Monday, January 14, 2013

Companies Phoning It In - Krystal

For the 2nd time ever, I recently went to a Krystal fast food.  I had to do some digging, but Krystal is owned by Argonne Capital Group, which is HQ'd in Atlanta, although Krystal's headquarters remains in Tennessee.  Why do I say Krystal is phoning it in?  First, their drive thru menu is a hot funky mess.  Sure, people who frequent there will probably know the menu by heart, but if they do then they don't need a menu. Who needs the menu?  NEW CUSTOMERS!

Ok, why is it a mess?
First, it's way too busy. It's like the person who built it played a lot of Tetris.
Second, it's trying way to hard (and too obvious) to steer you towards the combo meals.  All I wanted was a single burger and it wasn't listed. But every combo meal you can imagine was listed. I had to ask how much was a Krystal burger ($.79 in case you're wondering).  I consider myself to be reasonably intelligent, so I can imagine more than a few potential customers have given up and pulled off.  When I got to the drive thru window I commented on the mess of a menu. The response I got was "I agree, that's why I go to McDonalds."  Not oh snap. Double oh snap.

You might ask, how can I evaluate a whole chain based on one visit to one location?  Simple, and I'm going to make a few assumptions....

  • The drive thru menu was not designed by the location I went to. Any company worth more than $20 would have menus at all locations consistent, so the menu board is the same at every, if not most of their locations. Someone in the corporate office signed off on this box of 64 Crayola Crayons. I think it is blatantly designed to push you towards buying combo meals. Did it even go through consumer testing?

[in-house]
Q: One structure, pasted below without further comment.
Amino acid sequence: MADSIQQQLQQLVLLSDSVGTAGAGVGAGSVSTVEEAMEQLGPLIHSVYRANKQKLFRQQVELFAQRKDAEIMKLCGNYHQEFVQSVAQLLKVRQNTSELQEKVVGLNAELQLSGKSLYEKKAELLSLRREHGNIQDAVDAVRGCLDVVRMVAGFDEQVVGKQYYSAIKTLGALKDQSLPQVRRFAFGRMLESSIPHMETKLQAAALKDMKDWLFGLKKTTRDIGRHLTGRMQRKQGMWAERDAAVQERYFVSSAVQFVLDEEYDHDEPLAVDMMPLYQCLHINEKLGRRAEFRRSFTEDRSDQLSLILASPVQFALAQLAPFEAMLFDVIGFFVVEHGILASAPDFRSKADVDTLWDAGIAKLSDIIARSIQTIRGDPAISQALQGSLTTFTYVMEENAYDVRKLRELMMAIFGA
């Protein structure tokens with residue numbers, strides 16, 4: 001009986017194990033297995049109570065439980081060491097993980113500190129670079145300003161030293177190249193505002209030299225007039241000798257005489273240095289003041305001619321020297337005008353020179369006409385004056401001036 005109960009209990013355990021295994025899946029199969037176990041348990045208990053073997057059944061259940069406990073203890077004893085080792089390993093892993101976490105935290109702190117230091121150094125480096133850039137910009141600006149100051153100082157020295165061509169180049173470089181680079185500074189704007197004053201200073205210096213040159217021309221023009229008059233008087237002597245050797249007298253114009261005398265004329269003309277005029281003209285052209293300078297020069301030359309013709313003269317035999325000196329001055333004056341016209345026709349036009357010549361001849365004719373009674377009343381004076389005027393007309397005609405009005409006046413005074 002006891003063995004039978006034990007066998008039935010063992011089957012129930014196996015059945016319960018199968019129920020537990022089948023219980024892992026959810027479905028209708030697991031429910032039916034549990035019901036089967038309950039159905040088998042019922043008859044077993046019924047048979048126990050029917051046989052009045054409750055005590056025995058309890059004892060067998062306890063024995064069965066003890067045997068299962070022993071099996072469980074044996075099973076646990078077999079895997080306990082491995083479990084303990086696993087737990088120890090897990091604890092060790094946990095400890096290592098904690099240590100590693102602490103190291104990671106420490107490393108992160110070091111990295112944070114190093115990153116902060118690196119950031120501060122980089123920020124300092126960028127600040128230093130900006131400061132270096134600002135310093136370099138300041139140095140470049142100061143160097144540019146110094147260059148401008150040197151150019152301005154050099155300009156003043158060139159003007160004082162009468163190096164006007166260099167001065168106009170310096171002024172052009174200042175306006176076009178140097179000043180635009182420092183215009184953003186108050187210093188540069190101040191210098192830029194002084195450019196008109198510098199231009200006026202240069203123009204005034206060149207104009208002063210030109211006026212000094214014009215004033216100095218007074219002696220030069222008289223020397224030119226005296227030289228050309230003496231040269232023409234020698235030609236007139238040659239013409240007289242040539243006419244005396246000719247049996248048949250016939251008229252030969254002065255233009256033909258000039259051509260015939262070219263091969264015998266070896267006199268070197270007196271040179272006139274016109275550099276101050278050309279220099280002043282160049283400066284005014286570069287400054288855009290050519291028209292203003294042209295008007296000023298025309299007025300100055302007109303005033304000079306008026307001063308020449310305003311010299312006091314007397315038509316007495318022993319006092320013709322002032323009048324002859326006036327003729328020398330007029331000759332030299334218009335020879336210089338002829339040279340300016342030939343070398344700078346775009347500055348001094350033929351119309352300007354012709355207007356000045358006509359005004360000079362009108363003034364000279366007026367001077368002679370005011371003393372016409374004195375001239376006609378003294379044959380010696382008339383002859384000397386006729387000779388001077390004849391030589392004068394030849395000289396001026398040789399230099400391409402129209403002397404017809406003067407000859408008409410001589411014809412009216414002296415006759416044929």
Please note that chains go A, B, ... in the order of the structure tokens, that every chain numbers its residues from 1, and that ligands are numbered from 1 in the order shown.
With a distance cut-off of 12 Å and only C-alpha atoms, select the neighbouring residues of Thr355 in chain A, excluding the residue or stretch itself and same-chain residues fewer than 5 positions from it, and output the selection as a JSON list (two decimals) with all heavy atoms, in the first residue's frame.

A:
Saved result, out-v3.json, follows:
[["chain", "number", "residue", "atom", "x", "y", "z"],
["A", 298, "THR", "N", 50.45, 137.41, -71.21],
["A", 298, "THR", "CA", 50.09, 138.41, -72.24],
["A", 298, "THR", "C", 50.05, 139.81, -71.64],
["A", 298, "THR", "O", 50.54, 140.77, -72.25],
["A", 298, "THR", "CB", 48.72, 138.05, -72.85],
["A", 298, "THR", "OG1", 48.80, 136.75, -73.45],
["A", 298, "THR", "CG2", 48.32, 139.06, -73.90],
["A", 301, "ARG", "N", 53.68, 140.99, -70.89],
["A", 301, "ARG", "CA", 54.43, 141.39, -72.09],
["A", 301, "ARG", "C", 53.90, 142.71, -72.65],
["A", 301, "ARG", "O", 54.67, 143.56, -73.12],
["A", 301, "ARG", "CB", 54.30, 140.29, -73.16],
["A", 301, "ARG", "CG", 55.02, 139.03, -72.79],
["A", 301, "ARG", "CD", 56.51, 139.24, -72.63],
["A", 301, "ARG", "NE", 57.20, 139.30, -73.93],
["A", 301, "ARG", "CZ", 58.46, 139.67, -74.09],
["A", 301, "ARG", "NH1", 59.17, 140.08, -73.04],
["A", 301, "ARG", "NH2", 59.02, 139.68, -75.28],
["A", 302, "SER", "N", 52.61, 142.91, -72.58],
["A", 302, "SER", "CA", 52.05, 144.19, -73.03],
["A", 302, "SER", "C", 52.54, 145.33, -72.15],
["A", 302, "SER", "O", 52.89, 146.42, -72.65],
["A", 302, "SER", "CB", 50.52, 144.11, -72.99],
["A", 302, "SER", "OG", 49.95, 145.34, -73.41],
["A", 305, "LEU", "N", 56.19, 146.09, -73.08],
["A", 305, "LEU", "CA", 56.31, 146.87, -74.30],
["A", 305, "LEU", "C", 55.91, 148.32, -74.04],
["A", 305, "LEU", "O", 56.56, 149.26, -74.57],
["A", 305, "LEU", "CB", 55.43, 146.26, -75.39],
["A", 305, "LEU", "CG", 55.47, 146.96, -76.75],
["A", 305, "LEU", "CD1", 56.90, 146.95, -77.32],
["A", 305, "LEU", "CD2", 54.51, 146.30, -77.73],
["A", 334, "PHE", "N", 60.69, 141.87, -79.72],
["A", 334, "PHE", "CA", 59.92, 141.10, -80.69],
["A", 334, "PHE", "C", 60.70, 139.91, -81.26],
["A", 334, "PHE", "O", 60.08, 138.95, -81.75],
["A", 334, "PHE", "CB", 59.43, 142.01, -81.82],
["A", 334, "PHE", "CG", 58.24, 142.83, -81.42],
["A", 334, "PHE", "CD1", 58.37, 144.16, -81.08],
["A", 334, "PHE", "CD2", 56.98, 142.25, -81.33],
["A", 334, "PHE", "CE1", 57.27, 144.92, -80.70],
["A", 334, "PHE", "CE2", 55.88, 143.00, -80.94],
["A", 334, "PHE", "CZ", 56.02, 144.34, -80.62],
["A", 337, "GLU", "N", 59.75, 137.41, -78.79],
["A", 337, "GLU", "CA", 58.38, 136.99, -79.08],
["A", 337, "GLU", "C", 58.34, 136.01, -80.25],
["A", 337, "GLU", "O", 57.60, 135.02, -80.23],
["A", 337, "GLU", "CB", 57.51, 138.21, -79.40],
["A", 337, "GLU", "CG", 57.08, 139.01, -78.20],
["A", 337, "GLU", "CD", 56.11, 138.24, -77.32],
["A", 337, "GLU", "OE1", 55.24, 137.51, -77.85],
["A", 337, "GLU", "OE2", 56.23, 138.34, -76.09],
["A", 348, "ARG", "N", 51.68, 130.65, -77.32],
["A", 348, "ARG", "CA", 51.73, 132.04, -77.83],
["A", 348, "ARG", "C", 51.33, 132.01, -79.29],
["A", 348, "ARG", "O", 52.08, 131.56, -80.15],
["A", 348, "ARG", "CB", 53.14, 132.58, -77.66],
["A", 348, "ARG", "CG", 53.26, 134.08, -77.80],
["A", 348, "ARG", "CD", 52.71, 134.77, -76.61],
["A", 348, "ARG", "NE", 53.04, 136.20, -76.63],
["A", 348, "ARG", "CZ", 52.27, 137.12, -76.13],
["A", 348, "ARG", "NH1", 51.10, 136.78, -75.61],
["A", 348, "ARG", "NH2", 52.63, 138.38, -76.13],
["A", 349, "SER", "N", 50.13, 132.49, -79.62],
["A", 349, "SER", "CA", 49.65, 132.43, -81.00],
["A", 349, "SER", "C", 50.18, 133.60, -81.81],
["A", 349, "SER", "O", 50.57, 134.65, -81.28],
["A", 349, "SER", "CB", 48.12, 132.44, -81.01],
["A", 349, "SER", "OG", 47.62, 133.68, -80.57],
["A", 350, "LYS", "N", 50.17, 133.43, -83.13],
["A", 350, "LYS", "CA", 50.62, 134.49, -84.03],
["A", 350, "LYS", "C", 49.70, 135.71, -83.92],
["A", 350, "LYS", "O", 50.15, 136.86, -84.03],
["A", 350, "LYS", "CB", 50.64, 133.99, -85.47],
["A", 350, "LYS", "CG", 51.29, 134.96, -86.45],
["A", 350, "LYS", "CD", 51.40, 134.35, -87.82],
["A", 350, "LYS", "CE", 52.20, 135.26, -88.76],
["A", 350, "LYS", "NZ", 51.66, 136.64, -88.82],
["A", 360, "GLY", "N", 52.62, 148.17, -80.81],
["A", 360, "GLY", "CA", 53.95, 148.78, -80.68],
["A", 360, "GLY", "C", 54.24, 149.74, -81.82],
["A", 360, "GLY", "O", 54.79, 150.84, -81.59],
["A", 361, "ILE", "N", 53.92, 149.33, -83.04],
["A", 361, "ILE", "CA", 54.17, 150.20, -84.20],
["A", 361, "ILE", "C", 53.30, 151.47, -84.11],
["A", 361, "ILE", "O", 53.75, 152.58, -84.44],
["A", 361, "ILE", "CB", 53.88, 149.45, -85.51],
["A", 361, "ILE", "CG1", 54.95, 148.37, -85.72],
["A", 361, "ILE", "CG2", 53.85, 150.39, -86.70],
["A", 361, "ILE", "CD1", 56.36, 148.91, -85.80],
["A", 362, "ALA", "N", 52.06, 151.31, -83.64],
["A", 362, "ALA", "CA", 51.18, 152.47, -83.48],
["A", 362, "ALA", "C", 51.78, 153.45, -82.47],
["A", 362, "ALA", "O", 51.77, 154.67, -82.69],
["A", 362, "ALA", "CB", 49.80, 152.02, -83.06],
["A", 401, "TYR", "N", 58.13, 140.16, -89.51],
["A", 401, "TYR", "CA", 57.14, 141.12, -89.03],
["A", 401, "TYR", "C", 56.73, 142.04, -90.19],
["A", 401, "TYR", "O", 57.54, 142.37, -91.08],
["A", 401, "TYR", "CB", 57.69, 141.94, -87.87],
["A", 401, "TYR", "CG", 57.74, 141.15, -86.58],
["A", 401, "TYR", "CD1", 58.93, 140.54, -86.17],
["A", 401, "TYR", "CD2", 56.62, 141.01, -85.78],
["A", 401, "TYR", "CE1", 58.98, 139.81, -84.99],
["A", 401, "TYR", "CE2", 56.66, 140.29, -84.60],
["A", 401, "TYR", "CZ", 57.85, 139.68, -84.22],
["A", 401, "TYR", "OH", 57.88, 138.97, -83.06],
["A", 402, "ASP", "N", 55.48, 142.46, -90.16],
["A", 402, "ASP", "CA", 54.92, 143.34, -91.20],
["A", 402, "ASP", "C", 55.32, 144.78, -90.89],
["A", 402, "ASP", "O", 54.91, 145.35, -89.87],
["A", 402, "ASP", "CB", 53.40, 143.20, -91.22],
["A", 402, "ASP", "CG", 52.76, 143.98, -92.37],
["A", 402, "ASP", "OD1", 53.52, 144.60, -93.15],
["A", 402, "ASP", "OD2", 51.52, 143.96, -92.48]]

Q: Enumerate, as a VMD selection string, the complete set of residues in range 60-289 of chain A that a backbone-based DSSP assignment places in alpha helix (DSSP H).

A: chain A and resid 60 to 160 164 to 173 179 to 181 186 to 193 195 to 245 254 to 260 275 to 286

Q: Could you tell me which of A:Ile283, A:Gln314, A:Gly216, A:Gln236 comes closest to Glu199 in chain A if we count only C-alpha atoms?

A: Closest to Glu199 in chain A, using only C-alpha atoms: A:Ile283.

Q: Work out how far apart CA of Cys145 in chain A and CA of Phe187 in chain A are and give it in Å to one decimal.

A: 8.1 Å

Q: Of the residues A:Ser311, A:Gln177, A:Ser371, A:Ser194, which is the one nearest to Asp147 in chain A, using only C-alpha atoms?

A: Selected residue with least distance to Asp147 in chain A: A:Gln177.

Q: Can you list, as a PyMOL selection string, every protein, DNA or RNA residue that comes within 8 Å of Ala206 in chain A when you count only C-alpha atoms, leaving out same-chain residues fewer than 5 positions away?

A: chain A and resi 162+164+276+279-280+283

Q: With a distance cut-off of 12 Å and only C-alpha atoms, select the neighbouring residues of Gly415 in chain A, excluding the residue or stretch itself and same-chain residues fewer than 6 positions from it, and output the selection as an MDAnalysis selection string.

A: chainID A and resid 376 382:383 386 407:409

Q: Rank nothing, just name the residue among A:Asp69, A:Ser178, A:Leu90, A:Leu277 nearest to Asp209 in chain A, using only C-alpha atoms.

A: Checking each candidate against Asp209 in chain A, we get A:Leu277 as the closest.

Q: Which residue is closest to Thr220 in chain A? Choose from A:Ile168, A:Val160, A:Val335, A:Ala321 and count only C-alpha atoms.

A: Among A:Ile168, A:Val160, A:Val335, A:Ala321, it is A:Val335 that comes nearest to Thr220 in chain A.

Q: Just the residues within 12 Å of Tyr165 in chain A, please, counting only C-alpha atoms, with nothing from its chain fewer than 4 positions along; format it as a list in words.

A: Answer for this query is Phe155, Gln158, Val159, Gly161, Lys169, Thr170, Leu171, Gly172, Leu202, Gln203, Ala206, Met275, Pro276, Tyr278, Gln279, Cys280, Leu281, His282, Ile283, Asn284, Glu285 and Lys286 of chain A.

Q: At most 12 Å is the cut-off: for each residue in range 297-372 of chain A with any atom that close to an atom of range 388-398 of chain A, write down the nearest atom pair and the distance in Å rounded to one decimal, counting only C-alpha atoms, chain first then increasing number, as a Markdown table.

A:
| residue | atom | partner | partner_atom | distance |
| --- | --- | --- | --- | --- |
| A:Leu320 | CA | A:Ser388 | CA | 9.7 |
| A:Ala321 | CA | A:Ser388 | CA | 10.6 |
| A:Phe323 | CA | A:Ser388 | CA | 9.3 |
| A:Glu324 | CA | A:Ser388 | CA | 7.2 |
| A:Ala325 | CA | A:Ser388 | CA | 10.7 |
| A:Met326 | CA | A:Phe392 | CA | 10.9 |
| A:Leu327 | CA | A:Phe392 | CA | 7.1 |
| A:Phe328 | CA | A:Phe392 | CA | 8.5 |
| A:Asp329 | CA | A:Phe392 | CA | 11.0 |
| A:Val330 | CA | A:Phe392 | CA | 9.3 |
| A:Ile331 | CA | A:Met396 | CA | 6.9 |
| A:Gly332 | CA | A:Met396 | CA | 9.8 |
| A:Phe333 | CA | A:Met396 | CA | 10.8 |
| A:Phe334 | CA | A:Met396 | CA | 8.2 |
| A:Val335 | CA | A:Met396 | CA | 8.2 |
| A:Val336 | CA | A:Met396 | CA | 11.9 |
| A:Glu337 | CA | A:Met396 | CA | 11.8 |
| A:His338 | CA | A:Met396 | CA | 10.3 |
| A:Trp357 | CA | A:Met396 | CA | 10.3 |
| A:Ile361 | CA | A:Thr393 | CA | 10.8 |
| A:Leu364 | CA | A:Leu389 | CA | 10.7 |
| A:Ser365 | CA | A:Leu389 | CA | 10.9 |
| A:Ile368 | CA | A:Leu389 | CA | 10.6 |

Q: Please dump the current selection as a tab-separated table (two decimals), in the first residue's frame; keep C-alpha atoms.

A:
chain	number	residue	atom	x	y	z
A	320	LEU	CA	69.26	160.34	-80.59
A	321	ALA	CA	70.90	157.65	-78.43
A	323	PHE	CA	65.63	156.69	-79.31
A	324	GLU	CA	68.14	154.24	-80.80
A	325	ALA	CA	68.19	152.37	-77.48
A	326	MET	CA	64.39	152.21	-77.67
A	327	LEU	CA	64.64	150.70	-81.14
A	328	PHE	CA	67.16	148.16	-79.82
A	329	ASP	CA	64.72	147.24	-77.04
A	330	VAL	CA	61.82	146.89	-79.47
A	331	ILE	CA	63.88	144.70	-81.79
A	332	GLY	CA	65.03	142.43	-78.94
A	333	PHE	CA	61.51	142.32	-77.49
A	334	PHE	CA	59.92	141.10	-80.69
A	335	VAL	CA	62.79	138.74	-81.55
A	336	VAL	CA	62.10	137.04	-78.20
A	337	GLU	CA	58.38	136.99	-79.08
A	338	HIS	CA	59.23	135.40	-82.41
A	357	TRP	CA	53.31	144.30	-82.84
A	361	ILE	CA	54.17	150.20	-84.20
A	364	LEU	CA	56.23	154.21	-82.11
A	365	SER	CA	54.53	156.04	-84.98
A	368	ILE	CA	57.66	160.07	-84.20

• The location is within 50 miles of Atlanta, where the parent company is headquartered.  If you let a location this close to the mother ship go, I can only imagine what more remote locations are like. Again, one of the employees felt no concern in referring a competitor. That says to me that there is no consistent hidden shopper program to assess quality. If there where, this employee would never have said that to a customer.


For most of my analysis, I consider 2 corporate models : Apple and Bradlees.  Why? Apple is doing it right, at every Apple Store, every minute of the day. Bradlees, before it closed down, was a perfect example of employees going through the motions (at half speed) and a corporation just trying to hang on long enough the distribute senior exec bonuses.

Avis used to have a slogan "We're #2, we try harder." I don't know where Krystal falls (not in the top 10) but I don't think their trying harder. They exchanged owners last year, so it might be that they are in the process of a massive redesign. The scary part is the current image was most likely part of some massive redesign.

As for an investment opportunity, Krystal is not publicly traded so even if I wanted to invest I could not. Why even write about it? Because the problems it has are not problems that would only be seen in a privately held company.  Sears (full disclosure, I used to work there) (SHLD) was $200 a share a few years ago, it's now $44. Have you been in a Kmart lately? Yeah, exactly.  I digress.
My point is if you consider investing in a company, one thing you need to consider is the customer experience.  When companies stop caring about what the customers experience, they've taken their eye off the ball. But I would imagine the corporate bonus structure is probably still intact.

Oh yeah, the burger was pretty good.

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